By Galen Gruman, editorial director, IT Wireless magazine
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Hot Spots Heat Up
There's more movement in the public hot-spot market. A recent report from Juniper Research places the worldwide market at $9.7 billion in revenues by 2008, up from $278 million in 2002. So-called last-mile providers -- those offering the hot-spot access itself -- will account for $5.5 billion of that amount, up from $219 million today. Juniper foresees North America revenues at $2.6 billion by 2008, up from $201 million in 2002. The research firm points out that most activity in the 802.11 hot-spot arena has been in the U.S. thus far, and it predicts that the U.S. will remain the largest use of hot-spot services. It estimates that western Europe will be number 2, followed by China at number 3 position.
One of the key providers of hot-spot access in the U.S. is Boingo Wireless, which essentially federates independent providers and provides a common login and billing system. Boingo now offers a Pocket PC 2002 version of its hot-spot access software, in addition to its previous Windows software for desktop and laptop PCs. No Palm or Mac versions as yet. Boingo's main competitor is T-Mobile, the U.S. subsidiary of Germany's Deutsche Telekom that about a year ago bought hot-spot provider MobileStar, which developed hot spot networks for American Airlines and Starbucks Coffee. The third largest player, which has focused on airport and hotel locations, is Wayport. It has a much lower profile than the other two providers, which are aggressively seeking user bases.
However, the movement to establishing three national hot-spot systems does have one drawback: roaming, or the lack thereof. The hot-spot providers so far are not interested in roaming agreements with competitors -- T-Mobile execs were very clear, for example, at a recent event that building market share through exclusive presence was more important than providing customers roaming convenience at this stage of the network rollout. (Boingo's business model, of course, is based on creating roaming agreements between hundreds of smaller providers and creating one brand from all those pieces. But the roaming extends only to those who join the Boingo federation, and customers see it not as roaming but simply as access via Boingo.) Given the high cost of hot-spot subscriptions, companies are not likely to approve multiple services per employee. That's exactly what T-Mobile, which has about 2,000 locations set up, is betting on: that companies will go with the provider that has the most locations rather than pay for multiple providers. This is a shortsighted strategy, as we saw in the early days of cellular phones. A premium roaming rate would protect each of the providers' financial interests and dissuade customers from roaming unnecessarily, while at the same time benefiting customers who happen to be in areas where their standard provider simply doesn't offer service.PRODUCT SCAN:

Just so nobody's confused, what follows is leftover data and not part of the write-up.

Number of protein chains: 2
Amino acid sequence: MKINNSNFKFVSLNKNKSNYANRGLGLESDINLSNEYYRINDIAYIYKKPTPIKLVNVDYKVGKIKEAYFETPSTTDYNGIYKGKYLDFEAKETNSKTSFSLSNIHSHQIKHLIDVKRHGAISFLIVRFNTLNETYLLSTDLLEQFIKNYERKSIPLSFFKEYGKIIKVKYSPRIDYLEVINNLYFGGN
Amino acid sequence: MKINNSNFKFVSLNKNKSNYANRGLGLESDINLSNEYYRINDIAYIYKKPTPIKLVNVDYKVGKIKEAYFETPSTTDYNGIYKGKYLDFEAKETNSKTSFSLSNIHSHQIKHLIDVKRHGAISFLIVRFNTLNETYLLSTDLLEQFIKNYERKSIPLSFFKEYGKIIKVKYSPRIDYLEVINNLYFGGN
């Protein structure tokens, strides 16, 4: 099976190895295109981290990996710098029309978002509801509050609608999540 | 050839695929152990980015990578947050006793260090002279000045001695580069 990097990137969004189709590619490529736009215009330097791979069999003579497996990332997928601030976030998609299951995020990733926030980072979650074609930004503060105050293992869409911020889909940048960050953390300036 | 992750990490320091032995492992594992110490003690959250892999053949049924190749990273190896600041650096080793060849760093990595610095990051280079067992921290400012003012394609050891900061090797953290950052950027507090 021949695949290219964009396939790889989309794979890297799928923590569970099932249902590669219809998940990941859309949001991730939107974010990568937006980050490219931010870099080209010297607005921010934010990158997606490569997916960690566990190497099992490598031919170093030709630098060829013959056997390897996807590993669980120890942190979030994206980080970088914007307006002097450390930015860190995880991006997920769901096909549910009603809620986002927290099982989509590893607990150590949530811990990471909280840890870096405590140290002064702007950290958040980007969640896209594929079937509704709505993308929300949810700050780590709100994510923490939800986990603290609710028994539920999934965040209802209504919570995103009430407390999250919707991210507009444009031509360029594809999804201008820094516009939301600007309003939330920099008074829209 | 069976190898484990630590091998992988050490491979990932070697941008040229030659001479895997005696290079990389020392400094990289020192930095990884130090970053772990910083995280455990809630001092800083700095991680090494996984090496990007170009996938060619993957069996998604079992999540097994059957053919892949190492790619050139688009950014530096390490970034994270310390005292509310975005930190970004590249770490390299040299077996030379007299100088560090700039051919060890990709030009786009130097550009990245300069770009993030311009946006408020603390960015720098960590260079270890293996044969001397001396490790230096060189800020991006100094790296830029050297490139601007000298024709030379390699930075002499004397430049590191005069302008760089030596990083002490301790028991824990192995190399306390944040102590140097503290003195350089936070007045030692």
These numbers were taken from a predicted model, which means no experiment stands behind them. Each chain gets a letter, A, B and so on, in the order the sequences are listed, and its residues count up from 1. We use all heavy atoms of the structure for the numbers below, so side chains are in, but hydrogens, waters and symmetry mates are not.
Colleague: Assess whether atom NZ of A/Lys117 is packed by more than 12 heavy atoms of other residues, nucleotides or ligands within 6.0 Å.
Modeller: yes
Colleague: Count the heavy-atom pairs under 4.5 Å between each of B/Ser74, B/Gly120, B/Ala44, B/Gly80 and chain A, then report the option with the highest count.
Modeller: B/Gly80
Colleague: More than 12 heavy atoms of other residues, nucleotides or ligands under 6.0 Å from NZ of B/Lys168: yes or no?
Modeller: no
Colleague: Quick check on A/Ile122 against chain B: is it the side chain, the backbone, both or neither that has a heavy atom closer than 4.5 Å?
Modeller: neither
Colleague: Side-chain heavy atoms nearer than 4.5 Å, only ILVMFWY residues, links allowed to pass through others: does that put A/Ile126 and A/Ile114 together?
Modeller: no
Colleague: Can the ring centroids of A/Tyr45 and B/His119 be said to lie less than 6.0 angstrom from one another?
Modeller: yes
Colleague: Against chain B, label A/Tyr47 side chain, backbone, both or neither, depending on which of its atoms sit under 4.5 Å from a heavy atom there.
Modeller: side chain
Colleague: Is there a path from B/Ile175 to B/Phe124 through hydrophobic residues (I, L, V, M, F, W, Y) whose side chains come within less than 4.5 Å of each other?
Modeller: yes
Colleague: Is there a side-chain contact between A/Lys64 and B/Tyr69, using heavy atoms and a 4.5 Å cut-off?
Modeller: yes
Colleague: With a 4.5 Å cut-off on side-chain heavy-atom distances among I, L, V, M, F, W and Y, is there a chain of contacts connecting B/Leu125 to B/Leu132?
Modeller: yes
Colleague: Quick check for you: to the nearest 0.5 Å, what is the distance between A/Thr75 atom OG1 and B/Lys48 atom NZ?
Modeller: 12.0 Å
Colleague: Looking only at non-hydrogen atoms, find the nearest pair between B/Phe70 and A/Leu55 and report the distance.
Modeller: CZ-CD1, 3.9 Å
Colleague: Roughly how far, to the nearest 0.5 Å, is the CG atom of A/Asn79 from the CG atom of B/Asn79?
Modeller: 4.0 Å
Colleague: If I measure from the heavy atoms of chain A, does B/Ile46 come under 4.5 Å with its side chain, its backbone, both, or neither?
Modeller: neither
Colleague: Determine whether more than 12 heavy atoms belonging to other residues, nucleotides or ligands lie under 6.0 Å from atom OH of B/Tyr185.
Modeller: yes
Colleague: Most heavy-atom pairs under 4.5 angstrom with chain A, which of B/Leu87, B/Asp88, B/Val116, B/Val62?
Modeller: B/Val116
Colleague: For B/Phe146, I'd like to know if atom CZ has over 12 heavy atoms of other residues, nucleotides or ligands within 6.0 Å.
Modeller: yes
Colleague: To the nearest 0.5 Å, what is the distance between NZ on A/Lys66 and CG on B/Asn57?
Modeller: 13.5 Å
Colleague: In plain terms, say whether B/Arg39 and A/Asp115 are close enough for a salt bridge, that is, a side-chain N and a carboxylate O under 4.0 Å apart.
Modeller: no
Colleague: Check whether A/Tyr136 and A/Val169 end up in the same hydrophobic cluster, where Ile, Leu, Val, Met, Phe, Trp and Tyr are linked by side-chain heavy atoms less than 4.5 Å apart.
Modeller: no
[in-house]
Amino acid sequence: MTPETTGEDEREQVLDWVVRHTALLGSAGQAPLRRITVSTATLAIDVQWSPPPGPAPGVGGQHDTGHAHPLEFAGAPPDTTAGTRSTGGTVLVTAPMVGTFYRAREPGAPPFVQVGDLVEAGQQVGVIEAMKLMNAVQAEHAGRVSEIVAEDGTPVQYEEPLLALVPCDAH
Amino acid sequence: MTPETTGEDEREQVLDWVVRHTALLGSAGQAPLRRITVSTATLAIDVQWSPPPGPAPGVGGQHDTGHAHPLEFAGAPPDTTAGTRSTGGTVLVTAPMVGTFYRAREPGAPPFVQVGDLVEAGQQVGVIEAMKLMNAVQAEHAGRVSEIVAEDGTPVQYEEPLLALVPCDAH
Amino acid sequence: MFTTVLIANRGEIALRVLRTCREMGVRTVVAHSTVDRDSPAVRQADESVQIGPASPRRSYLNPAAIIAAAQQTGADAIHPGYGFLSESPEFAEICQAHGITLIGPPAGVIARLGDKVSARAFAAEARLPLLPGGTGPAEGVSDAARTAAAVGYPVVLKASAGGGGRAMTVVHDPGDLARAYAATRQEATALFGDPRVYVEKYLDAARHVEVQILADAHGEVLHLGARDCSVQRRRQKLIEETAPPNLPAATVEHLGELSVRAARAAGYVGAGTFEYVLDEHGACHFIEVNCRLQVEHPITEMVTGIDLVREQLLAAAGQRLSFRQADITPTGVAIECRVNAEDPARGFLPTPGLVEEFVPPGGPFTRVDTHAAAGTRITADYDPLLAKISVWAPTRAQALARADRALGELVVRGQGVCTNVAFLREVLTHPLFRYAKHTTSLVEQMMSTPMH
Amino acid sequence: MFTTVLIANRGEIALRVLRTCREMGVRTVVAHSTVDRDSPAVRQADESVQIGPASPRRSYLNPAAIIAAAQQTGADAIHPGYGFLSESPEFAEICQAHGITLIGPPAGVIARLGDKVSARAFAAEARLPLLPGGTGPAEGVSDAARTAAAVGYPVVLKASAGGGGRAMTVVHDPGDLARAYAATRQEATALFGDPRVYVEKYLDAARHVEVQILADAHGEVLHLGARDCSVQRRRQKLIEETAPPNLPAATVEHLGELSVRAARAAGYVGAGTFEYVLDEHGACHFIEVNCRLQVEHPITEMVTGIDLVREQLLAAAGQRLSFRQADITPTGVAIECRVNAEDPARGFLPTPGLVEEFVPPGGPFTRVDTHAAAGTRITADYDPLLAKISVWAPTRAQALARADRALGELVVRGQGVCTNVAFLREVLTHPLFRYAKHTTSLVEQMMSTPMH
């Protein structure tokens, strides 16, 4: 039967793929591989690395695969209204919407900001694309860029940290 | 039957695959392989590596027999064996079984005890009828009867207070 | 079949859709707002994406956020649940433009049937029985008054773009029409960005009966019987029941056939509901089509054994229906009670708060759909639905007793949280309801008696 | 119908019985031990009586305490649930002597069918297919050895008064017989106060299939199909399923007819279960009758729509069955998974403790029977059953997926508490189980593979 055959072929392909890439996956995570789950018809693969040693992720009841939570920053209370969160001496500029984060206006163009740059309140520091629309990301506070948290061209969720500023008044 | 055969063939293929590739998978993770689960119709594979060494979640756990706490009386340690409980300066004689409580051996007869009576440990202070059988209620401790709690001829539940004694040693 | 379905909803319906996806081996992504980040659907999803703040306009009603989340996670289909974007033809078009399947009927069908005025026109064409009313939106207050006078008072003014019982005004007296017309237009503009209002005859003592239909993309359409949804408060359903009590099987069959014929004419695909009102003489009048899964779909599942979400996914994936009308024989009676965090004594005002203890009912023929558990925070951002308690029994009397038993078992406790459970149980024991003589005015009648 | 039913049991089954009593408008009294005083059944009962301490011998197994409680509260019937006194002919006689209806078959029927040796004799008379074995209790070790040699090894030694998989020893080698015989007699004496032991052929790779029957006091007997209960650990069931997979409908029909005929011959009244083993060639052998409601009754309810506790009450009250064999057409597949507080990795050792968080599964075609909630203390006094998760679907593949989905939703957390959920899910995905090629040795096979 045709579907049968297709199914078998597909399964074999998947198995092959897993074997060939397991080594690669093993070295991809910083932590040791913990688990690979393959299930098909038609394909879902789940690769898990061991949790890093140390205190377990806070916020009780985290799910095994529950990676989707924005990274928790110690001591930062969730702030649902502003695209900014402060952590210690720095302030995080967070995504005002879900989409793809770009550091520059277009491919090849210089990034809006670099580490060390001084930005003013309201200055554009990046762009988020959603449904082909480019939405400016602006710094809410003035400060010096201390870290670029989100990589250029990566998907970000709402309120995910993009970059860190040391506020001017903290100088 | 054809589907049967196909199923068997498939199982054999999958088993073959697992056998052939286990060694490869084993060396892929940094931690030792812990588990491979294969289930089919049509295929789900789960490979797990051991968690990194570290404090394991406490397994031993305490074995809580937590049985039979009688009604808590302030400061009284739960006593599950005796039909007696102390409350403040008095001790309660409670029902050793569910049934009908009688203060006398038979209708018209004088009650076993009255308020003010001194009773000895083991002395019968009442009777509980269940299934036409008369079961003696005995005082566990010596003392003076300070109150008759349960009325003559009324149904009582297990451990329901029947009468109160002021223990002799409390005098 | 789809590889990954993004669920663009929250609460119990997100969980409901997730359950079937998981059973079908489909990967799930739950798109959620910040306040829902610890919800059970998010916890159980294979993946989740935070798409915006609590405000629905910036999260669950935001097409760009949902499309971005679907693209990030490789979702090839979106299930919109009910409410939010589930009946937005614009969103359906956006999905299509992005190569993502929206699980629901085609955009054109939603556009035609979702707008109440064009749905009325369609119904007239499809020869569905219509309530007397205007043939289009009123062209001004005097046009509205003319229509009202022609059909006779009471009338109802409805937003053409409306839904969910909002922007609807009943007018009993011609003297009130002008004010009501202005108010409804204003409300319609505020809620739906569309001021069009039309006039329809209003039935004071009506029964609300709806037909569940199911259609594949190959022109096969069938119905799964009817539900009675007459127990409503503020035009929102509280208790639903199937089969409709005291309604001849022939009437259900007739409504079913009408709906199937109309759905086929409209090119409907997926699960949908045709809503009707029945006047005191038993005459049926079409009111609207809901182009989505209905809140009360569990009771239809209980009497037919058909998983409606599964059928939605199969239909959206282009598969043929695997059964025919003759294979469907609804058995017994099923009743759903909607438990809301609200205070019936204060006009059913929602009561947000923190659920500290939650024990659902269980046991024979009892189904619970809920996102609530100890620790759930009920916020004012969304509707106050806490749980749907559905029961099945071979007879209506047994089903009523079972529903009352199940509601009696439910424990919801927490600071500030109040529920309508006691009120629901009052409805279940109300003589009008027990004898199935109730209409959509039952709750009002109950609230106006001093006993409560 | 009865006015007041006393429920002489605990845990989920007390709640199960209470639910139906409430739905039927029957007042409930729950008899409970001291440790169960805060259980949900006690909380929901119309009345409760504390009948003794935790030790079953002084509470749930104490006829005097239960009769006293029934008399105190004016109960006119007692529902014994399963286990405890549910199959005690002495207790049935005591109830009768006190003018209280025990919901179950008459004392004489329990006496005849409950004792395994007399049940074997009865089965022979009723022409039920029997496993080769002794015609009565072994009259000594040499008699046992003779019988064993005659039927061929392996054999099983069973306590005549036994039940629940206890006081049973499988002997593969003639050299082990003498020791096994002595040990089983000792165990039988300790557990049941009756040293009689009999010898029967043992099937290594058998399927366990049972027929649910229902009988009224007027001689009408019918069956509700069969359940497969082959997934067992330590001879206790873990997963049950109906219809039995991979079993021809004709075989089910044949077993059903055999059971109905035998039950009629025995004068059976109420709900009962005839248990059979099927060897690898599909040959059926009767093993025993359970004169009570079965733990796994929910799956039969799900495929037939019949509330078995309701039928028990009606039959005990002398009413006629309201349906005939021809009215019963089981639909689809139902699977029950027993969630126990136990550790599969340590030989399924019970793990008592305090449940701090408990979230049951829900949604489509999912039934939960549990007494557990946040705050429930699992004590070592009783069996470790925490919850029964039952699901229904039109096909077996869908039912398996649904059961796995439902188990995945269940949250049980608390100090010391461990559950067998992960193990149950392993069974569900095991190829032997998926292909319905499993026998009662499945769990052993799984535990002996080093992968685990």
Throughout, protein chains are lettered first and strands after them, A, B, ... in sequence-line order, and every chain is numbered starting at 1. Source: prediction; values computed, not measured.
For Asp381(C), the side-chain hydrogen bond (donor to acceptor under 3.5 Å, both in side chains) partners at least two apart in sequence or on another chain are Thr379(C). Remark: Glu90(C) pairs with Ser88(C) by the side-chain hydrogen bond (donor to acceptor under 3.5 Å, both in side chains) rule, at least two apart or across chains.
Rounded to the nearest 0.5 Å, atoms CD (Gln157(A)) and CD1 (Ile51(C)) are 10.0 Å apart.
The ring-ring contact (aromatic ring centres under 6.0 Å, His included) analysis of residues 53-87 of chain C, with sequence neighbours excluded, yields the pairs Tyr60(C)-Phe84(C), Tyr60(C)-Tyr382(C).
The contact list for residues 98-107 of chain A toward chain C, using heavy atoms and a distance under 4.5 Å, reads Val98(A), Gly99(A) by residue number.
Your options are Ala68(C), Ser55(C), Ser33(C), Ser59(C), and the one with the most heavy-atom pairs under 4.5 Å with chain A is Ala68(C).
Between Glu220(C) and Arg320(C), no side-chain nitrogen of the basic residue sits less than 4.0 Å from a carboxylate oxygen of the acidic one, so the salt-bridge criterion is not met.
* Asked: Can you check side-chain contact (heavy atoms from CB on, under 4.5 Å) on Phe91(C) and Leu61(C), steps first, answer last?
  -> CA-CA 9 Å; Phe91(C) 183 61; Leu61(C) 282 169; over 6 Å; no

AirDefense has enhanced its AirDefense security product for 802.11-based networks. AirDefense, released in June, monitors Wi-Fi networks to detect intruders and probe for vulnerabilities, then reports them to IT. The new ActiveDefense component, announced this week, traps intruders into wireless dead zones -- essentially false network locations -- and alerts IT to the intrusion. The company says the technology prevents both unintended intrusion caused by overlapping neighbor networks and active intrusions by people trying to enter a company's 802.11 network without authorization.
Itronix plans a December 9 release of its ruggedized, wirelessly enabled notebook. And, boy, do they mean "wirelessly enabled": Itronix says the new notebook can support GPRS, CDMA, and 802.11b, for instance, with a seamless handoff and automatic access to any available network. Itronix sells to customers such as Sears and the U.S. Defense Dept., whose workers don't spend most of their days in safe, predictable locations like offices, hotel rooms, and conference centers.
Speaking of rugged, Symbol Technologies unveiled its new PPT 8800 handheld, which includes 802.11b and Bluetooth wireless connections, as well as an integrated barcode reader, in an 11-ounce, standard-size PDA format. Designed for inventory, retail, and health care environments, it runs Windows CE .Net 4.1. Pircing information is not available. Meanwhile, for more traditional white-collar users, Hewlett-Packard has announced the $699 iPaq H5450, which includes built-in 802.11b technology and has the same form factor as previous models, so it works with existing sleds and peripherals.
While it's easy for a company to announce a technology "vision" that goes nowhere, Navini is promising something that I'll risk mentioning even though the technology is not yet implemented in shipping products. Navini offers non-line-of-sight wireless wide area networks using proprietary technology, in a system called Riptide. But seeing the growing dominance of 802.11x protocols, it now promises an IP client that works with standard IP networks as well as Riptide. Even better, Navini claims it will handle the handoff from one network to another, allowing, for example, a Riptide system to aggregate a series of Wi-Fi hot spots and permit roaming among them without user intervention. Here's keeping my fingers crossed.